PMCID: PMC1566288  PMID: 10350507
7.  Alphabetical paragraphia in a limited middle cerebral artery stroke. 
A Yugoslavian perfectly bilingual for French and Serb had a limited left middle cerebral artery stroke. He developed a peculiar dysgraphia characterised by the use of Latin characters (French spelling) to transcribe Serb phonemes that would normally have been spelt in the Cyrillic alphabet. This dysgraphia was likely to be due to an impairment of the allographic procedure. It is concluded that allographs of the two alphabets are produced concomitantly in bialphabetical patients during the allographic procedure.
PMCID: PMC1072941  PMID: 8201350
8.  Dementia in two histologically confirmed cases of multiple sclerosis: one case with isolated dementia and one case associated with psychiatric symptoms. 
During the past 10 years, considerable attention has been devoted to cognitive impairment in multiple sclerosis. Occasionally this impairment may be so severe that multiple sclerosis presents as a dementia associated with only minor neurological signs and symptoms. The cases of two women affected by multiple sclerosis who presented with a pure dementia are reported. In the first patient, a progressive apragmatic behavioural disturbance with reduced short term memory and learning abilities were the main clinical features. Neuropathological examination of the brain disclosed numerous plaques in the periventricular white matter, with severe atrophy of the corpus callosum. Plaques were also seen in the white matter of both hippocampus and in the columns of the fornix. The impairment of short term memory could be linked to these lesions. Behavioural changes were probably related to the bilateral lesions of the long associative bundles that disconnected the frontal lobes from other parts of the cerebral hemispheres. In the second patient, visual hallucinations were associated with cognitive dysfunction. MRI showed large plaques in the white matter of both left frontal and temporal lobes. Smaller plaques were also present in the periventricular white matter of the occipital lobes, the nature of which were confirmed by a stereotactic biopsy.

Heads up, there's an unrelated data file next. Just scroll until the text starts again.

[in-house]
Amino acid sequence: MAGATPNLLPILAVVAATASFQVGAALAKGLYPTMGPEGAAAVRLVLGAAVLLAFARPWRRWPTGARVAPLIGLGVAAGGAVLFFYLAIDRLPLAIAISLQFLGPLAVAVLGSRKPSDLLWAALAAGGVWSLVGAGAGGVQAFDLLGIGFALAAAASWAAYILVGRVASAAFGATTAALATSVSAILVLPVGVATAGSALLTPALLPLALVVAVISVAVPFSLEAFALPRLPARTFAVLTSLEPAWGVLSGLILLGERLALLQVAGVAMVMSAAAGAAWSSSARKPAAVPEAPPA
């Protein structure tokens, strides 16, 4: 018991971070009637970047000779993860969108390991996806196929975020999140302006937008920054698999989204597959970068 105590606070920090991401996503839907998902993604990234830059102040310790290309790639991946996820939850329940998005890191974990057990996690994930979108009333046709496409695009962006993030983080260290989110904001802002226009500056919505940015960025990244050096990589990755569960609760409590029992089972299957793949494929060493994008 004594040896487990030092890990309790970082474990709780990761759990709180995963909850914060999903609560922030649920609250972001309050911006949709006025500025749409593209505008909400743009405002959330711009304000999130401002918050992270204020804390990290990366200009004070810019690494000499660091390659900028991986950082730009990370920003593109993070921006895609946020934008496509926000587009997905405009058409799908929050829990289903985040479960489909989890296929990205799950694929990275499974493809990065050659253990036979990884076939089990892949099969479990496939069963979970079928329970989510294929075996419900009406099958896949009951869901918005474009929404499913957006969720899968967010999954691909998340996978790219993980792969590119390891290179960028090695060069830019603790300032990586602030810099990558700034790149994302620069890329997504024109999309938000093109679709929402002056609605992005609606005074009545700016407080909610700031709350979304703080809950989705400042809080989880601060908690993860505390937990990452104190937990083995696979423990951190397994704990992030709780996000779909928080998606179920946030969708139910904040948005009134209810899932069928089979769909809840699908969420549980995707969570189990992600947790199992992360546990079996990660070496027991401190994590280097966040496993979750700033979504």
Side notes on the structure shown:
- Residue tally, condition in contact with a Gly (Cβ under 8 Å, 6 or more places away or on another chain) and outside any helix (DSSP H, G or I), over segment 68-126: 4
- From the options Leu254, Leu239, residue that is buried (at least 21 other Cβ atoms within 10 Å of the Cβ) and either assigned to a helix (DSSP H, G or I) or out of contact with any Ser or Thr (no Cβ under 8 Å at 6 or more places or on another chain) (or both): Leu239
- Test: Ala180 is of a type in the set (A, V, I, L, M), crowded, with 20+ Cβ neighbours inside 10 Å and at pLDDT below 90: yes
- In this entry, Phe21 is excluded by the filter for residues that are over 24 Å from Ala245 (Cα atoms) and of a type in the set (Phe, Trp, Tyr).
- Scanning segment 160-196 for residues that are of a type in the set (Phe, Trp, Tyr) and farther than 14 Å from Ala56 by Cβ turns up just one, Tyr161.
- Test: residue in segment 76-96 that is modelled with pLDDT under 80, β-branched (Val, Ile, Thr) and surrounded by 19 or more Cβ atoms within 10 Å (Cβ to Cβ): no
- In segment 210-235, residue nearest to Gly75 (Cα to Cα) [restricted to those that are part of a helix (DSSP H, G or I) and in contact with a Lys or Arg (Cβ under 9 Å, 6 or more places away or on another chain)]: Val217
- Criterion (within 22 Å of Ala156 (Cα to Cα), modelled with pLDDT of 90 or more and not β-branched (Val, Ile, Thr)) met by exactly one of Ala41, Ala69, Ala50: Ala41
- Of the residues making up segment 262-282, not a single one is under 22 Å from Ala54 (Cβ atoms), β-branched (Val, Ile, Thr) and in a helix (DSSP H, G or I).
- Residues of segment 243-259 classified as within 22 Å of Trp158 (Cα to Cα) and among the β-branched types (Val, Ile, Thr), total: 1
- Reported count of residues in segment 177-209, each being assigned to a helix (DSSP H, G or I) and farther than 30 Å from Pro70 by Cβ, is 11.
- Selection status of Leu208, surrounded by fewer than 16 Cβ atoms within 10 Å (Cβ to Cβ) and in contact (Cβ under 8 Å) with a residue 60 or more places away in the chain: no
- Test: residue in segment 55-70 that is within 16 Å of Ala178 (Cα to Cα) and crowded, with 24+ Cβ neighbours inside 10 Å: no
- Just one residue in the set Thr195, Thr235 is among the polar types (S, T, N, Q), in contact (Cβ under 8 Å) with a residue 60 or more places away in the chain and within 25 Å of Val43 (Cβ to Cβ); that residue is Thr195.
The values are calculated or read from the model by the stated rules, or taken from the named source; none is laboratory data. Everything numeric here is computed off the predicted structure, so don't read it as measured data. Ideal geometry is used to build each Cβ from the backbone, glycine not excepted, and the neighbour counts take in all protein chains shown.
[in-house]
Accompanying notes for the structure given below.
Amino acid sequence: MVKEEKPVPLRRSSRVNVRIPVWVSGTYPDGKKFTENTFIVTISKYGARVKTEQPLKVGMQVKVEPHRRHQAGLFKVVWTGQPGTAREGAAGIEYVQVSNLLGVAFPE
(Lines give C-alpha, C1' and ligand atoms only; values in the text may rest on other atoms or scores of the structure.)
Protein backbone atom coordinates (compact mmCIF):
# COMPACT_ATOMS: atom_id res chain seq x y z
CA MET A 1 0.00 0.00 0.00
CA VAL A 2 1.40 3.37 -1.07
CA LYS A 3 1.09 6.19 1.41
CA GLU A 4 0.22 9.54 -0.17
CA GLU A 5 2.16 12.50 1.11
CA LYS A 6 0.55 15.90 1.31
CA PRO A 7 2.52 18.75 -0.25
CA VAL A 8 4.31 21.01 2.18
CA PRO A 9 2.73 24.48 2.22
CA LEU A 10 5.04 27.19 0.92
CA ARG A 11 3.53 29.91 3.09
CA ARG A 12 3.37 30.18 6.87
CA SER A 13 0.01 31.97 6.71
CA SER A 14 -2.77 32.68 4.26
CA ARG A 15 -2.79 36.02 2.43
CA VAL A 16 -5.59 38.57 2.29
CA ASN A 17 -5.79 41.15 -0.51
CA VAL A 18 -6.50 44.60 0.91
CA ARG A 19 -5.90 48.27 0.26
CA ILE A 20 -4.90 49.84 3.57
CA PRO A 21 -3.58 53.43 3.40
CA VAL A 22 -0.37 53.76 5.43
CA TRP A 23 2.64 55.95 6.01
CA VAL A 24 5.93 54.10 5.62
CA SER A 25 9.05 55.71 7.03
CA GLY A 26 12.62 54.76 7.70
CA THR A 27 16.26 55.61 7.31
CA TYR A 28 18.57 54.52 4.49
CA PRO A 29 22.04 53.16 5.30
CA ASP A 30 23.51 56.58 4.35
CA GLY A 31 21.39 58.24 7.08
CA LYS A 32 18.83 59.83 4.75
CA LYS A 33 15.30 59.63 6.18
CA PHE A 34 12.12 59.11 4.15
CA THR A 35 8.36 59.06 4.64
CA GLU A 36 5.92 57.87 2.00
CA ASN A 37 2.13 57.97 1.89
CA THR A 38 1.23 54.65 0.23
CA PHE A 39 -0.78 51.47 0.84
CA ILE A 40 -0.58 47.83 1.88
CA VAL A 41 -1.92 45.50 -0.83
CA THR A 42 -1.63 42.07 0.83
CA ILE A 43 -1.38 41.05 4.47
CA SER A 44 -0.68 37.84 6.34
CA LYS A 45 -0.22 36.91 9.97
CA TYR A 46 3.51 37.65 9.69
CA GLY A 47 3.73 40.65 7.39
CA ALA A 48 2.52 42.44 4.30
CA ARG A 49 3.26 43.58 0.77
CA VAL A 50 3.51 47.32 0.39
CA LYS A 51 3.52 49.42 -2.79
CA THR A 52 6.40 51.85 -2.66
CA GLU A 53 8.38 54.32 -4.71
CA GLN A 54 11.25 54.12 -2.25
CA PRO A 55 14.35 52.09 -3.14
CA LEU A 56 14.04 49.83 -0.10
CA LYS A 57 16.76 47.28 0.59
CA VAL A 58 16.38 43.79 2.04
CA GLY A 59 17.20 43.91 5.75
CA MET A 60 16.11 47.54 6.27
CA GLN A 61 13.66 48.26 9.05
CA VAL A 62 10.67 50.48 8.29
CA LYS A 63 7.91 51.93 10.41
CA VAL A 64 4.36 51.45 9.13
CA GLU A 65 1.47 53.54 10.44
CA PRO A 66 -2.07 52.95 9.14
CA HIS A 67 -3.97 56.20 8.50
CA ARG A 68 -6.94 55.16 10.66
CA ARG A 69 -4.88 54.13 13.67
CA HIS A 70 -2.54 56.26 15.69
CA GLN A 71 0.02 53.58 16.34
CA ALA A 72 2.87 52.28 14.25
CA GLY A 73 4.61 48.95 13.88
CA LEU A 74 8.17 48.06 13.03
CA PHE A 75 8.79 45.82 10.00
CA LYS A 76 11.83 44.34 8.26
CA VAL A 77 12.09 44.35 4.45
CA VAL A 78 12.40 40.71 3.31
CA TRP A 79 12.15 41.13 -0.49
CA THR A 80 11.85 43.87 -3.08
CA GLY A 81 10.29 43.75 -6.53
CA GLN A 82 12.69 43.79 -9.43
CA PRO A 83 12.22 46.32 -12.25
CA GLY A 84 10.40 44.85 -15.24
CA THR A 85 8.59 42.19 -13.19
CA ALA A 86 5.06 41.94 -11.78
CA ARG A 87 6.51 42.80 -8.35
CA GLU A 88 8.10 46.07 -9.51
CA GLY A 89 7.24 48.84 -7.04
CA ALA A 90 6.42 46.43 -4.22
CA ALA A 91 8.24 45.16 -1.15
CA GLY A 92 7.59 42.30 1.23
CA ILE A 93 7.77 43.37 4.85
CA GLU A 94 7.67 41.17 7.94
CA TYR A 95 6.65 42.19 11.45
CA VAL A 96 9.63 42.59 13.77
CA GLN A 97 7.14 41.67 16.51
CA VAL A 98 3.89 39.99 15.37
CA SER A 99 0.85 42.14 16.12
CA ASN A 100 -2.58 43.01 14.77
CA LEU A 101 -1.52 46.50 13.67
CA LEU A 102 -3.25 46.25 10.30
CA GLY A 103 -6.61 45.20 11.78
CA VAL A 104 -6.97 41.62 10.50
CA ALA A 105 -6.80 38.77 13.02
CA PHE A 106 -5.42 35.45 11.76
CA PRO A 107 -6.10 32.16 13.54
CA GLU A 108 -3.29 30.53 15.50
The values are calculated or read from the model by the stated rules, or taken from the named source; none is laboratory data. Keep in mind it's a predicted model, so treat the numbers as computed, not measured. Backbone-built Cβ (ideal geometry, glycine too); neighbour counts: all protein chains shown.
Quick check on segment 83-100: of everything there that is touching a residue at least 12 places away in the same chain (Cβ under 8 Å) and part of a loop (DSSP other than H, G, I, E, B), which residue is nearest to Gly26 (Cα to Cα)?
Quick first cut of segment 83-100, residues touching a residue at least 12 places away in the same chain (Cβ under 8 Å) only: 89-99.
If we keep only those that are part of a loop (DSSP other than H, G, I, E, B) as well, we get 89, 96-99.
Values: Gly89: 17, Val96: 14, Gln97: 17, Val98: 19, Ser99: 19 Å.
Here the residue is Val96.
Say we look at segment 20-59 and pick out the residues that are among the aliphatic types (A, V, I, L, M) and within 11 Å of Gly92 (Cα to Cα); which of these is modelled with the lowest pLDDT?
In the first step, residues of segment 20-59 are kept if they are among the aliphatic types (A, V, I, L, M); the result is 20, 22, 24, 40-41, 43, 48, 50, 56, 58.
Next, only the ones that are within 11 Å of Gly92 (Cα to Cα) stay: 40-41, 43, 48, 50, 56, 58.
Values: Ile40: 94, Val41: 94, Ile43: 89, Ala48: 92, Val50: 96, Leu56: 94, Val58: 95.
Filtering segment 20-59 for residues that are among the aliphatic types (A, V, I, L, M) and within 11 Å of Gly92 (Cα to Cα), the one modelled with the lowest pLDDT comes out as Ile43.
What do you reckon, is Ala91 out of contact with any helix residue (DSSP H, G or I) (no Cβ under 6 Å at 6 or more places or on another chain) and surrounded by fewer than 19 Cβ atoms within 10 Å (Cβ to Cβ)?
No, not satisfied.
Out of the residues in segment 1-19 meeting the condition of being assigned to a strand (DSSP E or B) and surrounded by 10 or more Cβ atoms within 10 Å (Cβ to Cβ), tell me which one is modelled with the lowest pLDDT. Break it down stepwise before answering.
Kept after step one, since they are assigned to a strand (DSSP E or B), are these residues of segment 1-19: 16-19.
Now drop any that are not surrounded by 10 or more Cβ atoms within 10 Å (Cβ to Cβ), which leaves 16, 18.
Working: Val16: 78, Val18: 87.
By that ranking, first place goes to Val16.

PMCID: PMC1072828  PMID: 8158186

Results 1-8 (8)